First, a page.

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Richmond enters new phase of dike network upgrades

DCN-JOC News Services
Richmond enters new phase of dike network upgrades
CITY OF RICHMOND - The city of Richmond’s online river monitoring system shows the various water levels around its dikes. The city is beginning a new phase of upgrades to its dike system to cope with population increases and climate change.

RICHMOND, B.C. – The city of Richmond is poised to start the next phase of construction and upgrades to its dike network and flood protection system.

The Lower Mainland has 49 kilometres of perimeter dike and 39 drainage pump stations that protect it from floods, ocean storm surges and freshets. The Flood Protection Management Strategy and Dike Master Plan are the city’s guiding framework for continual upgrades and improvements to address climate change-induced sea level rise.

Dike improvements will first target the north dike, between Nelson Road and the west edge of the train trestle near 21200 River Road. Approved by Council in the 2020 Capital Budget, this work will continue to maintain and enhance the city’s current flood protection service levels.

To stabilize the ground and prevent erosion, the city will prep the area by planting almost 1,000 trees to replace 324 that will need to be removed. The trees that need to be removed are largely cottonwoods that have grown on the water side of the dike. These trees are being undermined by erosion and present a safety hazard to both road and Fraser River users.

The project is building on completed work or work that is in progress. The city has completed dike raising for the upgrade of the South Dike between Gilbert Road and No. 3 Road Pier. Upgrades included raising and widening approximately 650 metres of dikes and construction of an improved multi-use path to enhance the safety and accessibility of pedestrians and cyclists. In addition to these upgrades, 1.6 kilometres of dikes were re-armoured with 11,400 tonnes of foundation stone (rip-rap) as part of the city’s Dike Maintenance Program in 2019. Future dike raising locations include the South Dike between No. 3 Road and Finn Slough.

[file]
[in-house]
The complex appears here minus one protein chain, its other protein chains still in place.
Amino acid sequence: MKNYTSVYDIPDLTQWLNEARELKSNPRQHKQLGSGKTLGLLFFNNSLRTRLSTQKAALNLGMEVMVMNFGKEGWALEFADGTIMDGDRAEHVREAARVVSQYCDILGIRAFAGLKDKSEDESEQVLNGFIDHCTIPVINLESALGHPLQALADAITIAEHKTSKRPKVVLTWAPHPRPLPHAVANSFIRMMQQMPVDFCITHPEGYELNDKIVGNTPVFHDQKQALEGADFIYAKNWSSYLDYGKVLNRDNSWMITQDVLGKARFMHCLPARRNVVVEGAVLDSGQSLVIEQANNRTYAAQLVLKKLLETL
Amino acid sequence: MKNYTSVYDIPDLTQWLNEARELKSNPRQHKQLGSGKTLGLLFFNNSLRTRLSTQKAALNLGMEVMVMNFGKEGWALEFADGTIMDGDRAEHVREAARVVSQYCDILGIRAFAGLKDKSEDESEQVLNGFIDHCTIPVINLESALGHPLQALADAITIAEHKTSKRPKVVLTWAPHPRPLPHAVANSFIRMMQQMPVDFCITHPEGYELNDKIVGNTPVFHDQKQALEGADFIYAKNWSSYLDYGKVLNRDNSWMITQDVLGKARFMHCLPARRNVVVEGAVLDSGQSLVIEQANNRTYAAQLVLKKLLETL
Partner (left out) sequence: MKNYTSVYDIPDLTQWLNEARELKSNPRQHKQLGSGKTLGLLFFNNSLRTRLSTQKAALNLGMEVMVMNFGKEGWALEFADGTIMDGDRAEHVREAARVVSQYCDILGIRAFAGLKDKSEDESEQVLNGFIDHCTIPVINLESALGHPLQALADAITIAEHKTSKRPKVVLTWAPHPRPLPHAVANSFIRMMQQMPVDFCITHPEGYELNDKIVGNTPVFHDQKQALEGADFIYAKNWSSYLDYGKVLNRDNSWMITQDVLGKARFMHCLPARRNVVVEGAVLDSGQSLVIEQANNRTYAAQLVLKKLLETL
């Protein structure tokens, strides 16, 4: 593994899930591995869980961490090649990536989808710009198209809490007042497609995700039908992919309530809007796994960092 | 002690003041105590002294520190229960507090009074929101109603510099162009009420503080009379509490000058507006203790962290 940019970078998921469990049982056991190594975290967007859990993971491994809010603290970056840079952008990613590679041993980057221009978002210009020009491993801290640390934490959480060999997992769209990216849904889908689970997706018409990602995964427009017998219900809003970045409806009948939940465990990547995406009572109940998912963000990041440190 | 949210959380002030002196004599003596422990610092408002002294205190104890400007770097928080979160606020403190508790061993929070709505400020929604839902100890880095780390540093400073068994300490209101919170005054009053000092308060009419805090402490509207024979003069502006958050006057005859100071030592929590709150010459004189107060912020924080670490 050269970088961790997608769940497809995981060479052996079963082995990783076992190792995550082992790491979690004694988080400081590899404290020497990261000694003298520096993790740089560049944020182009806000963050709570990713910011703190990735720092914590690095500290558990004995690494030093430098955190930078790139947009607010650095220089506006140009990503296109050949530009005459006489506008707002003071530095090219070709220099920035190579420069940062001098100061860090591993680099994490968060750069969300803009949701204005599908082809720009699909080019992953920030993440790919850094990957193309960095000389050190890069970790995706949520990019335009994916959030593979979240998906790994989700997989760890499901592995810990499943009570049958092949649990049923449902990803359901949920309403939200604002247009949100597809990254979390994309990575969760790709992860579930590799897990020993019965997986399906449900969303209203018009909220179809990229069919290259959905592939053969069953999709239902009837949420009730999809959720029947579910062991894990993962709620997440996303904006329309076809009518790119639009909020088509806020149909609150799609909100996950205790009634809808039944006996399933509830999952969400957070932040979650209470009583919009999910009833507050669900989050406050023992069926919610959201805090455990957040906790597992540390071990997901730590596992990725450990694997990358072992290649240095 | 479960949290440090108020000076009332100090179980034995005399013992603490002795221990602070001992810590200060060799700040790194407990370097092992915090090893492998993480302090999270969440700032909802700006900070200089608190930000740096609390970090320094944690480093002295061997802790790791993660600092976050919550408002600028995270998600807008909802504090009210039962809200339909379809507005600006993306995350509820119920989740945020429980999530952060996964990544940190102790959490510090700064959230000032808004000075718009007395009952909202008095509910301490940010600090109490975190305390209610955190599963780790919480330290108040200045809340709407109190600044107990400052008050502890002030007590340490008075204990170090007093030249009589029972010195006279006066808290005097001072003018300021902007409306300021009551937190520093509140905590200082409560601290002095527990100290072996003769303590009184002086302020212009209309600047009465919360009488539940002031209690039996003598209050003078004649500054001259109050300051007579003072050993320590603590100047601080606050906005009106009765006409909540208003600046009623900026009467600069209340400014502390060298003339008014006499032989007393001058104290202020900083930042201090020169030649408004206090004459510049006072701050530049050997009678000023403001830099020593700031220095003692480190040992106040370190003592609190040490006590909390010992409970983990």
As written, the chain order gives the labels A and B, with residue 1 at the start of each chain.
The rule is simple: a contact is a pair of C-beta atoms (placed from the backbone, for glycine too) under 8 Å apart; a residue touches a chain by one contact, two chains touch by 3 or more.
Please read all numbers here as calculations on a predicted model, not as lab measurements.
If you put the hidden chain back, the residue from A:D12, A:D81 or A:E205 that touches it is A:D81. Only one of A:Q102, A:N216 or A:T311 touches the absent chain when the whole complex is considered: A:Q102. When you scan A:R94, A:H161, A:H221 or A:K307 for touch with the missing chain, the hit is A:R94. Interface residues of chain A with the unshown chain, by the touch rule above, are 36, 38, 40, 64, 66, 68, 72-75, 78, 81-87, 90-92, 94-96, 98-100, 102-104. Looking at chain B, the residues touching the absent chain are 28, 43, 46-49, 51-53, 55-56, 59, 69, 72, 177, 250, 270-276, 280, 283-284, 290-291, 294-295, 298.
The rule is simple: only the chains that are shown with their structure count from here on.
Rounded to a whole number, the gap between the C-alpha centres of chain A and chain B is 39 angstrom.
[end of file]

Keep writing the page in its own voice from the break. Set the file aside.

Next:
The city noted it has made significant progress upgrading the city’s drainage pump stations to accommodate a growing population and changing climate. Construction of Shell Road North Pump Station and No. 7 Road South Pump Station is underway and construction of Horseshoe Slough Pump Station is nearing completion.

“Through capital improvements and investment in preventative maintenance programs, the city is able to proactively prepare and respond to flood related concerns, as its Flood Protection Management Strategy aims to raise dikes and establish a world-class flood protection standard,” read a statement from officials. “The city will continue to engage key stakeholders and the public on climate change, flood protection, and area-specific considerations through the use of social media, open houses, presentations and other platforms.”

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